What is Workers’ Compensation Insurance?
Workers Compensation and Employers Liability is a form of no-fault insurance provided by the employer for the employee. The employee gives up certain rights to sue in exchange for protection from injuries incurred on the job. Workers Compensation Laws in North Carolina are governed by the North Carolina Industrial Commission.
Hired & Non-owned Liability Coverage is specific to Business Auto Insurance. ALLCHOICE Insurance advises all businesses to carry some form of Hired & Non-owned Liability Coverage.
Hired & Non-owned Liability Coverage extends your insurance policy’s Liability Coverages to any auto that you “Hire” or any auto that is used in the by your business that the business does not own. Let’s look at an example!
You, as the business owner, rent a car while out of town on business matters. You are in an at-fault accident. The person who you injure has the right to hold you (the person) as well as the business liable for any damages. A more common example for small businesses is when you ask an employee to “run” to the bank to make a deposit. Should that employee be involved in an accident, the company could be held liable for any damages since the employee was operating on behalf of the company.
A “Ghost Policy” is a term used to describe a Workers Compensation Insurance Policy where the company / person purchasing the policy has no employees and chooses to Exclude themselves from Coverage. This type of policy is common with sub-contractors in the construction industry. These sub-contractors are typically required by the General Contractor who hires the sub-contractor.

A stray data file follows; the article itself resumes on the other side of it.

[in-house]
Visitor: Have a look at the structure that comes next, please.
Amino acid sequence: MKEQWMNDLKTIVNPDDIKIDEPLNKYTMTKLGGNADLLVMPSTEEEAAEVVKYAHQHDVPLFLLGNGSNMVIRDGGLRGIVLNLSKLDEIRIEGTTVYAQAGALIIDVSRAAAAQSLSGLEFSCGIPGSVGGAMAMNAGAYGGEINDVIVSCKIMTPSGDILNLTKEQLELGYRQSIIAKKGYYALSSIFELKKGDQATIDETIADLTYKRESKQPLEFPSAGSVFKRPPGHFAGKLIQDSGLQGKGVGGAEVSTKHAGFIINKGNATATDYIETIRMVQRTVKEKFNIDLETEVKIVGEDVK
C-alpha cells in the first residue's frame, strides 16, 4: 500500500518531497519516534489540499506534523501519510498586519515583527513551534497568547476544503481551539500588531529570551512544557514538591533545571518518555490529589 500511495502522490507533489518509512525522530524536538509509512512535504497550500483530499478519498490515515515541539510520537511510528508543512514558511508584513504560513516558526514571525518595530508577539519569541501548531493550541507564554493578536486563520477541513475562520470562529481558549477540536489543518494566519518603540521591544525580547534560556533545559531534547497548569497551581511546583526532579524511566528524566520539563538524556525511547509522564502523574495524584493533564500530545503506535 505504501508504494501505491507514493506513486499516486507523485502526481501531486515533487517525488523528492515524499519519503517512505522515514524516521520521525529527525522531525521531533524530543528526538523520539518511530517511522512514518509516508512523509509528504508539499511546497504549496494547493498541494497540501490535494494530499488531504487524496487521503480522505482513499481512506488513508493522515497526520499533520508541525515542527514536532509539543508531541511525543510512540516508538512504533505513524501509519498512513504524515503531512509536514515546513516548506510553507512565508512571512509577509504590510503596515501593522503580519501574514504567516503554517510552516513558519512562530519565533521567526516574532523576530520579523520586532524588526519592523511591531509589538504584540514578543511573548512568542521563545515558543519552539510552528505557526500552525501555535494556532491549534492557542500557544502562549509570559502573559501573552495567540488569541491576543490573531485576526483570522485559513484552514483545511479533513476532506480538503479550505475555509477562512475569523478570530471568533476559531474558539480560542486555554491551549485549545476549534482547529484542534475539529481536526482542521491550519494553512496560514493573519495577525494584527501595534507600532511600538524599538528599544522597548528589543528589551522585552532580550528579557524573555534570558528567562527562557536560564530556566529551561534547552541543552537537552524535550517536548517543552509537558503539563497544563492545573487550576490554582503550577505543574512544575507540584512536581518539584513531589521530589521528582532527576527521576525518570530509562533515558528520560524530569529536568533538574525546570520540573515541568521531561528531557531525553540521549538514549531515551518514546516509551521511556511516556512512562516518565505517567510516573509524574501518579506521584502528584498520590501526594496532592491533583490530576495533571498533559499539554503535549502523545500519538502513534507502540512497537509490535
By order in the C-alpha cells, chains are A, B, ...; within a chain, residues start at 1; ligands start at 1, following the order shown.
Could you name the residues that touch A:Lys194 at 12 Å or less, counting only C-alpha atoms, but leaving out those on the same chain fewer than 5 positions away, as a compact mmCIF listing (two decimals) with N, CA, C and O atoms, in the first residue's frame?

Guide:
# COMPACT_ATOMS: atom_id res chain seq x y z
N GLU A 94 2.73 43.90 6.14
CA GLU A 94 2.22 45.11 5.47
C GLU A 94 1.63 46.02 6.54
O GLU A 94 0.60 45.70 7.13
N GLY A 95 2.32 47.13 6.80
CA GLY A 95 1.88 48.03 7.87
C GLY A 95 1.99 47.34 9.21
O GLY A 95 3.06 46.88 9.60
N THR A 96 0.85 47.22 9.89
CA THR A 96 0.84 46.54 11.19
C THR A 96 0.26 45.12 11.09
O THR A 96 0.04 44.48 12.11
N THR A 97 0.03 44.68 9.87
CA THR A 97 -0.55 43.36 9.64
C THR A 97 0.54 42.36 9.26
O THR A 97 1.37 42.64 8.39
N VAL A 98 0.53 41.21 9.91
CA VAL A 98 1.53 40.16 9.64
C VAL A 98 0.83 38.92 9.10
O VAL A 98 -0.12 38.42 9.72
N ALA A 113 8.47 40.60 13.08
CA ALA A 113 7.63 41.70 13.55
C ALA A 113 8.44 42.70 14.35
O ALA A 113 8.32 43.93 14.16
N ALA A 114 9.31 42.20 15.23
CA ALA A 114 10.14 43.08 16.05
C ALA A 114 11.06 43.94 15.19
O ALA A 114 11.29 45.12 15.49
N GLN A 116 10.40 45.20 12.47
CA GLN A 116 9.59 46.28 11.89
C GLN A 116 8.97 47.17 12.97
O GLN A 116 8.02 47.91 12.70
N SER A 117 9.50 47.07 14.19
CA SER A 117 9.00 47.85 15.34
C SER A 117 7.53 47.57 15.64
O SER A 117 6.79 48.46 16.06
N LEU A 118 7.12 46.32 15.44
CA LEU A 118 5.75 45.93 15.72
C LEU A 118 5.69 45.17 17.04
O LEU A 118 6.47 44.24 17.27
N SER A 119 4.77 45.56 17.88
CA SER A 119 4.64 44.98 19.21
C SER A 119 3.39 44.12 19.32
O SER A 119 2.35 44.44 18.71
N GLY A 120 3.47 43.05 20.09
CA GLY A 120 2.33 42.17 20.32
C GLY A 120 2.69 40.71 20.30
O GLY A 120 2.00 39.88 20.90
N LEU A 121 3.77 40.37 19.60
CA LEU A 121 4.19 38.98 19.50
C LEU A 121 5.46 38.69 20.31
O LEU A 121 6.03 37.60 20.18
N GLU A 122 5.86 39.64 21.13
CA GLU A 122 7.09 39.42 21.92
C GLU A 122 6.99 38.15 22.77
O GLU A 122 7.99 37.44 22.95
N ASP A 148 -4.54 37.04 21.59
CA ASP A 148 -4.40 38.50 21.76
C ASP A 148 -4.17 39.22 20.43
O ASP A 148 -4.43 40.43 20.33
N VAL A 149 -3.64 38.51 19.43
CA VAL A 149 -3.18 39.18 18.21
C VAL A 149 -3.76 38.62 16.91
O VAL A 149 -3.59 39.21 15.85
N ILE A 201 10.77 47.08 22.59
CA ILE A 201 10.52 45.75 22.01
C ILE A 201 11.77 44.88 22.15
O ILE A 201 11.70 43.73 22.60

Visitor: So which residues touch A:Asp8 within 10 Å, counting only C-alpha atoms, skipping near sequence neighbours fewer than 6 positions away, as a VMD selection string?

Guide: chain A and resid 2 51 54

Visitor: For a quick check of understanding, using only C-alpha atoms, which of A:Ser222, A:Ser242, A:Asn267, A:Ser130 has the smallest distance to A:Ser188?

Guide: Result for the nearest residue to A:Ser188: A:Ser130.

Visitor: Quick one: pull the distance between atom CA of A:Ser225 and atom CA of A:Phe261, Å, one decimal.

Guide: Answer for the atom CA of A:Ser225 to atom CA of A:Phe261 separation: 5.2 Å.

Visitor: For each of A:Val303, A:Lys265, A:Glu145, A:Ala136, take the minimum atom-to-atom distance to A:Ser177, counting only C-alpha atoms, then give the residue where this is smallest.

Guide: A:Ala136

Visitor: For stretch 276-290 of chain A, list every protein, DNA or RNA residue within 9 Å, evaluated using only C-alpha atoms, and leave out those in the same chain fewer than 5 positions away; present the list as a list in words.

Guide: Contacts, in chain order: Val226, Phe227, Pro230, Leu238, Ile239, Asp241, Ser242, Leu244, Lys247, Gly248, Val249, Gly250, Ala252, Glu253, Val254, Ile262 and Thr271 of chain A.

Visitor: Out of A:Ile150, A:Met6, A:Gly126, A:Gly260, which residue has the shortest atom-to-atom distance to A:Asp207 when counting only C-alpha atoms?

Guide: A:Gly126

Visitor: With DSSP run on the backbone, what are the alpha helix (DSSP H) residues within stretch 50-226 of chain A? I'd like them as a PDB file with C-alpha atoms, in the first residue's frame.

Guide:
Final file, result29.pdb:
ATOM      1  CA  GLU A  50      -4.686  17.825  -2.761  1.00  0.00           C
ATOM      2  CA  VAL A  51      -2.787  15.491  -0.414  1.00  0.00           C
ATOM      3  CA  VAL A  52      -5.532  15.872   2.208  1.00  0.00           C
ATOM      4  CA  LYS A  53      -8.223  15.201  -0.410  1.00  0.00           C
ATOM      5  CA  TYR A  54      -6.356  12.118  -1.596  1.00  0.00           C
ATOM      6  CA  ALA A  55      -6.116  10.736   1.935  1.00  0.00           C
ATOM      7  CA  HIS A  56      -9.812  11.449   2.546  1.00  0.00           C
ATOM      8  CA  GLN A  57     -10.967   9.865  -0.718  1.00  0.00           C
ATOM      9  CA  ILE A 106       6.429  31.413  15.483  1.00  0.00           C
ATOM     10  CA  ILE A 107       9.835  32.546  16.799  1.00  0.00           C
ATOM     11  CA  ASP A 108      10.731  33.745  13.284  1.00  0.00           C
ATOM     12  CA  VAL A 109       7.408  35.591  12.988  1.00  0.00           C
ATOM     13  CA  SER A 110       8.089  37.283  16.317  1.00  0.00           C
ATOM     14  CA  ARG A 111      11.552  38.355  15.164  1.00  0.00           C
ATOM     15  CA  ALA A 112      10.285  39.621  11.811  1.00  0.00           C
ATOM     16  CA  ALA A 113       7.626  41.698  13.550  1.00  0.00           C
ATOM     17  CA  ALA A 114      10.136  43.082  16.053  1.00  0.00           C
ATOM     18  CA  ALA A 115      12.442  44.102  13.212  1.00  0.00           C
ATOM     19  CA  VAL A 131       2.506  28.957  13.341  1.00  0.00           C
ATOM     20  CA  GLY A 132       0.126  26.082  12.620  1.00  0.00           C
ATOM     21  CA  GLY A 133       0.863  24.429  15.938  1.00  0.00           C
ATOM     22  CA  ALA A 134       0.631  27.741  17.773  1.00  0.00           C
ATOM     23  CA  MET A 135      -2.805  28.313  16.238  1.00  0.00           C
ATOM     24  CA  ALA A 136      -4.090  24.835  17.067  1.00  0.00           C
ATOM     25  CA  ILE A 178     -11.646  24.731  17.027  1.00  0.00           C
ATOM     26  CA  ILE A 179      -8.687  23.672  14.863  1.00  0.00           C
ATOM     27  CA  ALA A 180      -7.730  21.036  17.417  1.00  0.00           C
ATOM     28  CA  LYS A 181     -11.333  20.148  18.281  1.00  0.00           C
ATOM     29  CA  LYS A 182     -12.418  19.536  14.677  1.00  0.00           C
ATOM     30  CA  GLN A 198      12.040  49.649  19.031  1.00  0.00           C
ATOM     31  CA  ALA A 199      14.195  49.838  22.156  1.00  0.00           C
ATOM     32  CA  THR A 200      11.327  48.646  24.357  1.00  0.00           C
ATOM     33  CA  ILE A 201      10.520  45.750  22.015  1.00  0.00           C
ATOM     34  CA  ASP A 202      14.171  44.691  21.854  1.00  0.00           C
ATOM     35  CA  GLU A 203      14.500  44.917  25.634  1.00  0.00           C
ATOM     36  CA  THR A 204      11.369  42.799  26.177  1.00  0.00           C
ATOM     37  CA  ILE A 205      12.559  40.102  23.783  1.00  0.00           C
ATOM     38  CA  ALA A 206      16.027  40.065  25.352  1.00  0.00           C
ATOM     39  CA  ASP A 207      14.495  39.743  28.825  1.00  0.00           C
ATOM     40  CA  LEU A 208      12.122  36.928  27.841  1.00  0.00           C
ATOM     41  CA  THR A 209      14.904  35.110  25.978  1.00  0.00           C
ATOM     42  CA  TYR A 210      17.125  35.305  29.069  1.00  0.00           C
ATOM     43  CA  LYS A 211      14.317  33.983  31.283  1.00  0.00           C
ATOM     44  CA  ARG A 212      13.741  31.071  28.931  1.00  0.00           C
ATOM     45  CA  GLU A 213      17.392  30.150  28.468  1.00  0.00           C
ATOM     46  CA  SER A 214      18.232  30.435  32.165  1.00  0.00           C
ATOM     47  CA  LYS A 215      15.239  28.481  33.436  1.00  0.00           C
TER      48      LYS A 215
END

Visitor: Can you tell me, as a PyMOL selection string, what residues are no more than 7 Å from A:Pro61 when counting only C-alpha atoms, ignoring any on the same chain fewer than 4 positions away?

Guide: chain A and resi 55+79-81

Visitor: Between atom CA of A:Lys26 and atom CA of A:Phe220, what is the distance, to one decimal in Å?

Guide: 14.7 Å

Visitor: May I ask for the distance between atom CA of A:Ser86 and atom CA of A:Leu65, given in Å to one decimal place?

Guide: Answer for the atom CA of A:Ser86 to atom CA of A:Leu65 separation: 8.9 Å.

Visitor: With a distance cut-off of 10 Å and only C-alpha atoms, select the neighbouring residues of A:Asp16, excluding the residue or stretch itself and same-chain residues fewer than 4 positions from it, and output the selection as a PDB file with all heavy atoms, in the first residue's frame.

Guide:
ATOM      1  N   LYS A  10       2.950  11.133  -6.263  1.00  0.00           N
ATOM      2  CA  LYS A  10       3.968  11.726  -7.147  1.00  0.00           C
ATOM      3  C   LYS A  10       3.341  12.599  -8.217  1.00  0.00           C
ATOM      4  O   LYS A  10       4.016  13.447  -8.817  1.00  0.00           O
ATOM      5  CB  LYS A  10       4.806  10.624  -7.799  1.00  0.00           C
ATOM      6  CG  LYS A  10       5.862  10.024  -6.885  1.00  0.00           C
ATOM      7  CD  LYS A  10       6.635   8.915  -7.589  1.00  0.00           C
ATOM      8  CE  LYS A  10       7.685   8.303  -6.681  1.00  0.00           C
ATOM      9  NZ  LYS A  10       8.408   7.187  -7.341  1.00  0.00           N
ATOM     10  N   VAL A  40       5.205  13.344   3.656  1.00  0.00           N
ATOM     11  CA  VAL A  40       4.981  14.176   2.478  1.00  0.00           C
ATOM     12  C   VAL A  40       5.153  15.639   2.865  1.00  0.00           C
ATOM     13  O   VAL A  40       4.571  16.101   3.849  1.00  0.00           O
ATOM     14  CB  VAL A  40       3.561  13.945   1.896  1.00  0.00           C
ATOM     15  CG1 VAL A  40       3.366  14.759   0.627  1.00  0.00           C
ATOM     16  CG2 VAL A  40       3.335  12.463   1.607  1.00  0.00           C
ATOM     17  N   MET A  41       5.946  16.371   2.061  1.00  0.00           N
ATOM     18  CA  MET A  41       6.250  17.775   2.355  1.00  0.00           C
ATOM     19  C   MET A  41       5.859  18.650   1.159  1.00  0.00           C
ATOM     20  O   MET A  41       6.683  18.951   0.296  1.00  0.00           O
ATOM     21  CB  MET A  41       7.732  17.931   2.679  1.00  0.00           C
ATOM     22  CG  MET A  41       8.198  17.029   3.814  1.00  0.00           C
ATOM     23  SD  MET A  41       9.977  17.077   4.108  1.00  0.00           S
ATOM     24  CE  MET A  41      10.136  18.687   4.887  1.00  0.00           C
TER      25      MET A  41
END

Rate Modifications are determined by the North Carolina Rate Bureau and can provide either a discount or a debit to the stated Workers Compensation Rate for a policy. Rate Modifications are based on the insured’s claims experience. In order to qualify for a Rate Modification (effective January 1st, 2007) the insured must have a premium of at least $8,000 for the previous policy period. If more than two years of data is used, an average annual premium of at least $4,000 is required.
Premiums are determined by associating annual payroll figures to the “class codes” present in your business. Your original estimates of payroll will (more than likely) not be the accurate payroll figures at the end of the policy period. The insurance carrier will audit your payroll figures and adjust your final premium either up or down depending on the actual payroll figures.
First, we need to determine what “class code(s)” your business has. Once we determine the class codes, you will need to assign an annual payroll amount to each class code.